Well, I just watched a program on the Florida State channel called, Bobby: Reflections of a Legend. It traced Bobby Bowden’s career at Florida State beginning in 1976 to the present. And it had some surprises for me. You see, for Bobby, it was not all about football. It was about something else, something much bigger.
When Bowden showed up at FSU, the football program was in total disarray. In fact, there was serious talk about canceling the entire program. What he did to turn it around was fairly remarkable. For one thing, he immediatlely began to cultivate the media. Now we all know that many football coaches shun the media. Not Bowen. He actively sought them out, made himself always available to them and not just when things were going well. His secret in this arena was to always be honest. To be willing to admit mistakes and take the criticism when it came his way. And the media loved him for it.
It’s About People
But what really made him a great leader, in my opinion, was how he dealt with his players. For one thing, according to his fellow staff memebers and friends, he simply likes to be around young people. He is as comfortable with them, as with people of his own age. In addition, he always refers to his players as men. Not boys. Not students. Not young adults, but men. This is true even of those who are just getting out of high school and entering college.
Now to many of us, these kids would be just that, kids. But to Bowden, they were and are men in the making. And he took a personal responsibility for them to become men. That is what he taught. That was his primary goal. You see, his philosophy is that every person has a purpose in life and that their job is to find that purpose and to fulfill it. And his job was to help them find their purpose. He just happened to do that through the act of coaching football.
Building Teams One Player at a Time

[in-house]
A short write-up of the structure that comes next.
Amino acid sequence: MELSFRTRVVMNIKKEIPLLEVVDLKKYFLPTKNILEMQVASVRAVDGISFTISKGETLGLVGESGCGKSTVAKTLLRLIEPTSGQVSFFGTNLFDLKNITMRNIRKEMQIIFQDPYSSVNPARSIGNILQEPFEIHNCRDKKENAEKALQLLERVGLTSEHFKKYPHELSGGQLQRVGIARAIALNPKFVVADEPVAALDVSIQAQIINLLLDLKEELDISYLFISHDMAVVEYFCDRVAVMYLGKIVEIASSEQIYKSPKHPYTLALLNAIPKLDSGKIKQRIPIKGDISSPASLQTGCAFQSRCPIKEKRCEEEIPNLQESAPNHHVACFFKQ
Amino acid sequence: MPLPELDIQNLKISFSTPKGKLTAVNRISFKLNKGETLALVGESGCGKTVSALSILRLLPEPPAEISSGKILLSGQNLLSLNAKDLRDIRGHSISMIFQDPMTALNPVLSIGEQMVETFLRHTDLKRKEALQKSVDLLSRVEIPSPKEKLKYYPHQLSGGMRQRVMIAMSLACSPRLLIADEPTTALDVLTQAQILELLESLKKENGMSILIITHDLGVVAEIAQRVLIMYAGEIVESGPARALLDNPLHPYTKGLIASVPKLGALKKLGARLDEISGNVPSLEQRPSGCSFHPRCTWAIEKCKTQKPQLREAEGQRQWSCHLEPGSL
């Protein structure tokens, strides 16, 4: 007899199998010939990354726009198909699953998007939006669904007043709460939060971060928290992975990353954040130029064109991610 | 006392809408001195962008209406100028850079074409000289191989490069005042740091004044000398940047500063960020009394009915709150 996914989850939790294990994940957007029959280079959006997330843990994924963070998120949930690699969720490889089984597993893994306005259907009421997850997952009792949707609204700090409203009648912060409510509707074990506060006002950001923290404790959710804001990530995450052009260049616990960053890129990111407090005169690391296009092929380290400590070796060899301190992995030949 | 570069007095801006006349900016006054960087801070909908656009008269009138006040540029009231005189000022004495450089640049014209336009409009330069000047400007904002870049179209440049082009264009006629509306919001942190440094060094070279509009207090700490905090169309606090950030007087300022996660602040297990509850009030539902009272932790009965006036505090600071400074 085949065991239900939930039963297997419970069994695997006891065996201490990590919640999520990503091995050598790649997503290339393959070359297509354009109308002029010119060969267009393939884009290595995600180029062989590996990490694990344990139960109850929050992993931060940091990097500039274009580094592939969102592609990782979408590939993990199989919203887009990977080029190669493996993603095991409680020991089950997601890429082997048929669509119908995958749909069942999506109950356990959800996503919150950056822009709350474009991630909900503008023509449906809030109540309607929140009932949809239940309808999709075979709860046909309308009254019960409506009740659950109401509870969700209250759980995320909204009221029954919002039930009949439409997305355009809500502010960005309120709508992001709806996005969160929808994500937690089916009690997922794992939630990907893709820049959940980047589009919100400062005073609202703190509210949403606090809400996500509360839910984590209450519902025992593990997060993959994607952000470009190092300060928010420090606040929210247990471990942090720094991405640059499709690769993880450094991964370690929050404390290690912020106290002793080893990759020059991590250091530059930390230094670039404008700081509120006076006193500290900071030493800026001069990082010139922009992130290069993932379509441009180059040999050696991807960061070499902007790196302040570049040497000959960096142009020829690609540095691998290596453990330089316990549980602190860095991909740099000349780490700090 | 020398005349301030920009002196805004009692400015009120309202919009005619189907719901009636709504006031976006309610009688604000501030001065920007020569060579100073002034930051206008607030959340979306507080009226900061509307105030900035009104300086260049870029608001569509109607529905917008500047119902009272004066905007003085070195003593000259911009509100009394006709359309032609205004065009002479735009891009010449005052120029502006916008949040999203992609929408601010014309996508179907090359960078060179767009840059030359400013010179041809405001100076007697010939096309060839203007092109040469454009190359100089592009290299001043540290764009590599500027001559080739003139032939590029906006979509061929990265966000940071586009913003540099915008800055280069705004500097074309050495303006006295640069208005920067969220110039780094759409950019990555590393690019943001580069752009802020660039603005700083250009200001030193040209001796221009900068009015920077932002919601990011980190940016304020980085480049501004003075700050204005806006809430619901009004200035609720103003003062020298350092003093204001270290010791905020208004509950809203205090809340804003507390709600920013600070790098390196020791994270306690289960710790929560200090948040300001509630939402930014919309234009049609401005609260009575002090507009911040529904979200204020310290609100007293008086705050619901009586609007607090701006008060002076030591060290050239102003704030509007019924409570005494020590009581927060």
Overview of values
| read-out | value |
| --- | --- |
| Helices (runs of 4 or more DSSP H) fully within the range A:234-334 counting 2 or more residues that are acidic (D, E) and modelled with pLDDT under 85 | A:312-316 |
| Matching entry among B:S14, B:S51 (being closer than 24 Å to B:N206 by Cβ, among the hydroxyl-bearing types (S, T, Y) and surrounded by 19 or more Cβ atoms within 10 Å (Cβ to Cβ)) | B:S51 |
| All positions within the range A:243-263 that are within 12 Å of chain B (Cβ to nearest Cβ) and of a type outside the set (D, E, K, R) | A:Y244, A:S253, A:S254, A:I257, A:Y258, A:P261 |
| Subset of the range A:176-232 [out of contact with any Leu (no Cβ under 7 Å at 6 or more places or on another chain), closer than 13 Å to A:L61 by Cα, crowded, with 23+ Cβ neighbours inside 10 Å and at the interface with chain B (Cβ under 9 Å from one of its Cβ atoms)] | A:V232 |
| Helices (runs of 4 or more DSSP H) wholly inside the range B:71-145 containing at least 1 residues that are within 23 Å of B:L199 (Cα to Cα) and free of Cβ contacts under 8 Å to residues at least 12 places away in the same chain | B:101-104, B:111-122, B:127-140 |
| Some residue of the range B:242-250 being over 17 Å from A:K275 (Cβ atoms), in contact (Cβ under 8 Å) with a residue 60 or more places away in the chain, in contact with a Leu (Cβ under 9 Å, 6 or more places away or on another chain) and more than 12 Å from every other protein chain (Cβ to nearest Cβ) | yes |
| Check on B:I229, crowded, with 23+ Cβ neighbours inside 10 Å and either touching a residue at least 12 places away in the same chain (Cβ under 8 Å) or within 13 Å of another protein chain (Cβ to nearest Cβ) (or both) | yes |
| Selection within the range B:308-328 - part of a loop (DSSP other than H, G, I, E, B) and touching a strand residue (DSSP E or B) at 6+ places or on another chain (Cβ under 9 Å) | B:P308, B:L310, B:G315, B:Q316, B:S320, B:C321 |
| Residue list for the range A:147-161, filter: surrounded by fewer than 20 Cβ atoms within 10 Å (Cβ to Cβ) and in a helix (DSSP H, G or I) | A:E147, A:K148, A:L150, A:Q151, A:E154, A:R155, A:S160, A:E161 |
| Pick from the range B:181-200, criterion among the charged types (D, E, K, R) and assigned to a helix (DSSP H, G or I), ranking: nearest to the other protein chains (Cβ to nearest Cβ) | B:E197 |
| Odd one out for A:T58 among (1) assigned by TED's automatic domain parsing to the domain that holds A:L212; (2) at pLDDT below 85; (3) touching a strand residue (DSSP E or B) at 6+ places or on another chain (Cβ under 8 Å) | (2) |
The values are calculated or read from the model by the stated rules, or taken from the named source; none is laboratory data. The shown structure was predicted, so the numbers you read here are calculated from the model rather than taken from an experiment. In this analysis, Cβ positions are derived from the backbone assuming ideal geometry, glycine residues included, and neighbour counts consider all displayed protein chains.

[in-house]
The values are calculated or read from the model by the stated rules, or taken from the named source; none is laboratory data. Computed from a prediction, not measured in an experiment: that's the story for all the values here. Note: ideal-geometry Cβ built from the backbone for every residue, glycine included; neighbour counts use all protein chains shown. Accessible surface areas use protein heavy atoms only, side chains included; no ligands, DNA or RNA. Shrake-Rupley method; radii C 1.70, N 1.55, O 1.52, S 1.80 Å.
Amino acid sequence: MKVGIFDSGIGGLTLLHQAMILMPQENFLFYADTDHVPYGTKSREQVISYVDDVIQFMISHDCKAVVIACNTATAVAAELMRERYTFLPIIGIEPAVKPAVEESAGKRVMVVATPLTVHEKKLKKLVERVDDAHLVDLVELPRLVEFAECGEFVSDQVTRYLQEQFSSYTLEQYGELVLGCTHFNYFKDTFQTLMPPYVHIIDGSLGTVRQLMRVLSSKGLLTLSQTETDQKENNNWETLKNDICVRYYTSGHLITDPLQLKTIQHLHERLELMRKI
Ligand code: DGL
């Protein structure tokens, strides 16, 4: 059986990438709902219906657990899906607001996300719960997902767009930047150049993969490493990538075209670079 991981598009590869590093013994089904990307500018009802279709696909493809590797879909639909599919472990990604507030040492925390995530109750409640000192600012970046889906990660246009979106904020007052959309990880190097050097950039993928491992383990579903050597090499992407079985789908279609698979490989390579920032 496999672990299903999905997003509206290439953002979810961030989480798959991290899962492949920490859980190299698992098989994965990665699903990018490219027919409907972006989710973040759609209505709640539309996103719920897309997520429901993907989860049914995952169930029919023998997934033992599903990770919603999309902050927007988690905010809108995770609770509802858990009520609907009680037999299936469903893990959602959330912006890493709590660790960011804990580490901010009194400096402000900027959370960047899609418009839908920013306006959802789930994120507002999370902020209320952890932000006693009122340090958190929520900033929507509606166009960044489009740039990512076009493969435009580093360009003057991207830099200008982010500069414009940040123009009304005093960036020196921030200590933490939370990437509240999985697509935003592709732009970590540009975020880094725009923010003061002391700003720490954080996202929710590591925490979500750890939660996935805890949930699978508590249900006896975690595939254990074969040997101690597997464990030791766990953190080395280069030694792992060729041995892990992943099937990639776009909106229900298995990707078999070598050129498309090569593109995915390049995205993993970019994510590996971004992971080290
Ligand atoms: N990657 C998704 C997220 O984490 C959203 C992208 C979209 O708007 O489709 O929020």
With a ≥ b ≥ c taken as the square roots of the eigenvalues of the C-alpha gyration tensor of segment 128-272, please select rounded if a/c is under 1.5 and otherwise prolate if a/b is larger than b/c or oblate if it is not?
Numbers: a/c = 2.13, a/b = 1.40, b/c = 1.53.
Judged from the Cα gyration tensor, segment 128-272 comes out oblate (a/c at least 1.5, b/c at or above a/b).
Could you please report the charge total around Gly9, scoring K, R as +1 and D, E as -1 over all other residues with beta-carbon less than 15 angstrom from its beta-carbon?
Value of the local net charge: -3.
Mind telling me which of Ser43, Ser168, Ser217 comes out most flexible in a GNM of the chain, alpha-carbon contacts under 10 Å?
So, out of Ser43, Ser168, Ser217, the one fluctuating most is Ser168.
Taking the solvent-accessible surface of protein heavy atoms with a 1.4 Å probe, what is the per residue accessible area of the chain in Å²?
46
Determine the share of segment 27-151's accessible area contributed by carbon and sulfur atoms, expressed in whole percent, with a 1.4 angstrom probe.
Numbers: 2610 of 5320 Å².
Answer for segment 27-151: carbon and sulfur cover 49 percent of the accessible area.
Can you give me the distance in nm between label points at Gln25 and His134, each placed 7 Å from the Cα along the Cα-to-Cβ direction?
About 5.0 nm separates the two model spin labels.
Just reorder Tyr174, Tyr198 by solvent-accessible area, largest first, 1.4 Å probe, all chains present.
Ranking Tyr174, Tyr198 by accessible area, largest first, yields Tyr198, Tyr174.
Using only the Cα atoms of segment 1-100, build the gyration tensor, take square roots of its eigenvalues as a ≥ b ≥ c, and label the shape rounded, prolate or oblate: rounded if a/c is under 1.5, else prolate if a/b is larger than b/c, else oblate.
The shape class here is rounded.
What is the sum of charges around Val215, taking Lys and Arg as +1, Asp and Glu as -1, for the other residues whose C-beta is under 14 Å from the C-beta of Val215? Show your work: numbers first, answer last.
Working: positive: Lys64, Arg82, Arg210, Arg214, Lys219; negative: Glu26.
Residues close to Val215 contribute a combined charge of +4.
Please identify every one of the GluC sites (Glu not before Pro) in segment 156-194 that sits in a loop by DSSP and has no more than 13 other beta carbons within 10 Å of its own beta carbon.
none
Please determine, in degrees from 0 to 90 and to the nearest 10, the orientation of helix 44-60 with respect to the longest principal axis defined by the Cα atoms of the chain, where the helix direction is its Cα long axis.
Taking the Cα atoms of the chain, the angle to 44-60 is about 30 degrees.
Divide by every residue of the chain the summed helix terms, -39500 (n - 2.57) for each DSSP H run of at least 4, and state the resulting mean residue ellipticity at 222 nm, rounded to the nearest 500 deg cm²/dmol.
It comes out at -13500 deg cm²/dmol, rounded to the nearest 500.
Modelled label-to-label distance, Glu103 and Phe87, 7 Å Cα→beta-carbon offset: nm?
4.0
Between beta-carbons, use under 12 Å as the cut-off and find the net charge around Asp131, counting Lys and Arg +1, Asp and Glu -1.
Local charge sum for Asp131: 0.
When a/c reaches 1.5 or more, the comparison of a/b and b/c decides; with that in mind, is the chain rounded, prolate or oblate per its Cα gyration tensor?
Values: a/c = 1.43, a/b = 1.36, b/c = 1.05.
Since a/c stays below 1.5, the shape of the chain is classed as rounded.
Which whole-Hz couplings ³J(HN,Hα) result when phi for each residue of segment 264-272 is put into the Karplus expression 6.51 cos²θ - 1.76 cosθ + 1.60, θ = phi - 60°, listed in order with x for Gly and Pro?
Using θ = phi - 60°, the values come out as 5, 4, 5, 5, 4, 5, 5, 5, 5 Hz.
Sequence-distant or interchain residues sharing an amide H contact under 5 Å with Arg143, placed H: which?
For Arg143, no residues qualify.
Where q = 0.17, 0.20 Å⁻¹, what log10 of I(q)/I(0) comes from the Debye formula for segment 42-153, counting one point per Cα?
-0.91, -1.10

This manifested itself in his recruiting. As you probably know, one of the primary jobs of head coaches these days it to recruit new talent. Bowden did not like to do this over the phone. He did it in person, whenever he could. So he would go to the homes of these prospective players. And what do you think he talked to them about – football and how they would be in the starting lineup and all of that? No. Actually, from the interviews with former players, they were so surprised to find that he did not talk about these things. He talked about what their grades were; what courses they were going to take in college; what they wanted to do with their lives, not about football.
Also, he tended to talk to their mothers rather than to them! You see it was all about developing a relationship. Rather than performance on the field, Bowden focused on performance in life.
Another thing that Bowden would do is, every year he would develop a slogan for the team. In 1991 it was, “You Can Count on Me.” In 1992, “No Excuses.” In 1993, “One Thing Left.” He would post these on the door leaving the locker room so that everyone would see it before they went to practice or out to play a game. The focus was on being the best both individually and as a team. And that each team member was accountable for their actions both to themselves and to the team. Again it was all about building character, about living a life that you could be proud of.
The leadership message here is that being a good leader isn’t just about visioning for the company and working towards the mission statement. But about the people you are leading. If you believe in them, work on developing them first, they will do their best for you and they will follow you to the ends of the earth. OK, perhaps that’s a little dramatic, but the point is that if you believe in your team members, put them first and set the bar high for them, they will do their best to reach for that bar.
To watch video or find out more about Bobby Bowden go to: http://foxsportsflorida.com/pages/fsu
Mario Busacca is a trainer, facilitator and leadership development consultant. He is the owner of KeyStone Strategies, a leadership consulting firm. He can be reached at (321) 258-2185 or at firstname.lastname@example.org